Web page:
It's hard to know what flavor profile you're reaching for. If you're looking for "Southern" or "Comp," you need to be sweeter.
Drop the amount of broth -- or better yet, use a concentrate. You can go with a home made glace, or use something like a product like Better than Buillon.
The only sweetener you're using is apple juice. If you want to stick with natural (more or less) juices, add a cup of white grape juice. If you're worried about your butter ratio (which is very, very high already), add an additional stick of butter.
Your seasoning profile appears rather dull to me. It needs some herbal complexity (sage, rosemary, whatever) and a little heat.
For the heat, while it's not all that common in 'q, you might want to think about white pepper. It's more or less colorless, and generally sold pulverized. If white pepper doesn't sound appealing, just use cayenne or hot sauce. You won't use enough to discolor the meat.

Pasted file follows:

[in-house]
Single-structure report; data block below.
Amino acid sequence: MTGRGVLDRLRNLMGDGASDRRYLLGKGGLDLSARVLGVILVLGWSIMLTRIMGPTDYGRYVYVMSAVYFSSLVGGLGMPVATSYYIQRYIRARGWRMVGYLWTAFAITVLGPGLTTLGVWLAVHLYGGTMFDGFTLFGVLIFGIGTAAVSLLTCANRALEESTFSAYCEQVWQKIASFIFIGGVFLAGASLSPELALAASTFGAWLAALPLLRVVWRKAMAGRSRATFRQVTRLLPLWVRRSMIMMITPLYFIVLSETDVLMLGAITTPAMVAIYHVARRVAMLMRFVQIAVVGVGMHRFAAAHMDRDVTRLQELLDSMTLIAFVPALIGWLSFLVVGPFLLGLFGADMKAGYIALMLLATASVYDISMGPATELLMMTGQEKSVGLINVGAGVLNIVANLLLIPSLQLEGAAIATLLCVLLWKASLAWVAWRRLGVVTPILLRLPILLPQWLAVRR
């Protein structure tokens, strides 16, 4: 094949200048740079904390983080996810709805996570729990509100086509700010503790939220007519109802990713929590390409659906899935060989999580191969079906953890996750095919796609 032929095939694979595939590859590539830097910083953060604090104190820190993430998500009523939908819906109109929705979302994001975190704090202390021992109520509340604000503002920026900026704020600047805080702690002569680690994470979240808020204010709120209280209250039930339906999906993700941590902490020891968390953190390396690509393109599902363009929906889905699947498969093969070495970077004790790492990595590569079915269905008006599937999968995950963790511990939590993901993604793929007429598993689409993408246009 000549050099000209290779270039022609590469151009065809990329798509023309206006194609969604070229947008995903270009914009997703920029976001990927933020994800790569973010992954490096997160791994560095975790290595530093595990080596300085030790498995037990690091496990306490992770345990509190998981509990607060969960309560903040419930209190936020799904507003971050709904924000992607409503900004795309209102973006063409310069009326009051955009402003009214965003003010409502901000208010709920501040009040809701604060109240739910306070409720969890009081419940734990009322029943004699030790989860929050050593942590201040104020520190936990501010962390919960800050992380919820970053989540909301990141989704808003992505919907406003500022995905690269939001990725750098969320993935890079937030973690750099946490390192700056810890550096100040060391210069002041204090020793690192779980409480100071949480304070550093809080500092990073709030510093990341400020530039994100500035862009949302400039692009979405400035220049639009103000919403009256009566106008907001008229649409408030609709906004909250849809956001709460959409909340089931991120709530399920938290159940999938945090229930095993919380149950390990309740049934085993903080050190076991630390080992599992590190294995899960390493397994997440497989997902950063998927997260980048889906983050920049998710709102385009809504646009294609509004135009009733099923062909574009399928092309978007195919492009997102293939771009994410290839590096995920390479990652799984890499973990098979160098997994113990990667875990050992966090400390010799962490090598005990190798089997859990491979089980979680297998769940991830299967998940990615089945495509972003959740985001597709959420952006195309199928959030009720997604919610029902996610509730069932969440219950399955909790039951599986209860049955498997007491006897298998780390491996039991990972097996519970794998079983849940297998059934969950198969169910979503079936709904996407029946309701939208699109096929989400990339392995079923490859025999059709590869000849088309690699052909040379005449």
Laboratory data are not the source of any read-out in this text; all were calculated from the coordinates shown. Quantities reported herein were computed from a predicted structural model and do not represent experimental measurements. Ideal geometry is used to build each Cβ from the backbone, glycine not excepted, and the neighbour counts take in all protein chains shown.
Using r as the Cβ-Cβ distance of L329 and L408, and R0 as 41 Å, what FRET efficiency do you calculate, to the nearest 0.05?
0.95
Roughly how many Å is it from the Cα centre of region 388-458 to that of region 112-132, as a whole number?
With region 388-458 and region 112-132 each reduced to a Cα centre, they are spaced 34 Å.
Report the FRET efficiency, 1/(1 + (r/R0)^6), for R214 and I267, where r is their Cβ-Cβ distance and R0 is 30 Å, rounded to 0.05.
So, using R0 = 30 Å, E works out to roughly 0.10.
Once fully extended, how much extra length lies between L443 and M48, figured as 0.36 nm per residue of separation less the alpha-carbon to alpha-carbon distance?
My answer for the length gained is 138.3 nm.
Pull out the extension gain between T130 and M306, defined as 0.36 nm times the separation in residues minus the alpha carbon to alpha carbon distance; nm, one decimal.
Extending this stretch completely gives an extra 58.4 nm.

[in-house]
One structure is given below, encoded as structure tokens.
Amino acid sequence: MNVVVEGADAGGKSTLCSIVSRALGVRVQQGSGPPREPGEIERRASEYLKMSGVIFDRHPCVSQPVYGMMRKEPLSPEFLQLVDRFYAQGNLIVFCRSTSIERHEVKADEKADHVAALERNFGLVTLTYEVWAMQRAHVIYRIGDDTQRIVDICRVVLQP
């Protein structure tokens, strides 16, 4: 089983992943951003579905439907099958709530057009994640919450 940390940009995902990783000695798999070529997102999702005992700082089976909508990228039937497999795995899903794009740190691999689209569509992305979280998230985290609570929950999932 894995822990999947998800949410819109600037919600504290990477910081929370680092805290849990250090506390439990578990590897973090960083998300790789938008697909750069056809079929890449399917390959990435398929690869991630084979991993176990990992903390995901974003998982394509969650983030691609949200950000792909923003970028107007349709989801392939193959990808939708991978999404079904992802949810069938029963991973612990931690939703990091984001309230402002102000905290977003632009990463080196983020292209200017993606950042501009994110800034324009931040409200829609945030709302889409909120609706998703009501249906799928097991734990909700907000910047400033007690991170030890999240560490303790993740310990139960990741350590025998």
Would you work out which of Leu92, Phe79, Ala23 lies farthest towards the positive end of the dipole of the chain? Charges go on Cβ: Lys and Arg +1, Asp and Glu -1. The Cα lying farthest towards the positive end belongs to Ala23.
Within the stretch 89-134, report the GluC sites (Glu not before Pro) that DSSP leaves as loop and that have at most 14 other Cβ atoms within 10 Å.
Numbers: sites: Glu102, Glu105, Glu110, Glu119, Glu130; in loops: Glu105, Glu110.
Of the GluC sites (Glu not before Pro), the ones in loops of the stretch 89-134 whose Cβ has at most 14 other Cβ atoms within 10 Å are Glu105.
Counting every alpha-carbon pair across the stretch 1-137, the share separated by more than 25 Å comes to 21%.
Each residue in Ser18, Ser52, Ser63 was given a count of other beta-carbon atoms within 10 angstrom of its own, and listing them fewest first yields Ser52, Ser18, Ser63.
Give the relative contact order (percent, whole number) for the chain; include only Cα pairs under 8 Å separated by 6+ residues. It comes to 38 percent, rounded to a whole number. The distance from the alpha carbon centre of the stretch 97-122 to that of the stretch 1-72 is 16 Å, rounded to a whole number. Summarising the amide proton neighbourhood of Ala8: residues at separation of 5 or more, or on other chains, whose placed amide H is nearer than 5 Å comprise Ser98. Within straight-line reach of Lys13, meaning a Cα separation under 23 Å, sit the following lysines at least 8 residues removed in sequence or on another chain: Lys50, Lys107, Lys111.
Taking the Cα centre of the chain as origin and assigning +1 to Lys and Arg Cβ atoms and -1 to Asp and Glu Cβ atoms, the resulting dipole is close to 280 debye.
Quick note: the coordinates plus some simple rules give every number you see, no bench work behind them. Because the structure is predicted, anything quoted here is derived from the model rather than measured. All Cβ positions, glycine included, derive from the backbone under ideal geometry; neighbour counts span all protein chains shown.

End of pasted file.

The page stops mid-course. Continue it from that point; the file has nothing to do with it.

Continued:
My practice is to cook an injection solution long enough to blend all the flavors, then strain so that it passes through the needle easily. The extra time and straining allow the use real of real onions, real garlic, herbs, etc.
In any case, these sorts of things usually require a lot of tasting and experimentation. Don't expect solid gold your first time out.
If you are thinking about competition, the best advice I can give you is not to stray out of the envelope. Judges want quality, and hate originality. On the other hand, if this is for catering, you might want to get a little more original. My impression of Southern Illinois though is that you don't have a lot more leeway than you would in comp. You know your guests better than I do though.
Finally, turkeys are one thing and chicken another. If you're using whole chickens, or pieces including wings and legs, it makes more sense to brine than to inject. Of course, you lose the butter. But, I smoke a reasonable number of turkeys in the course of a year, and, in my experience, they don't need additoinal fat. Brining and proper smoking technique are enough to insure a moist bird.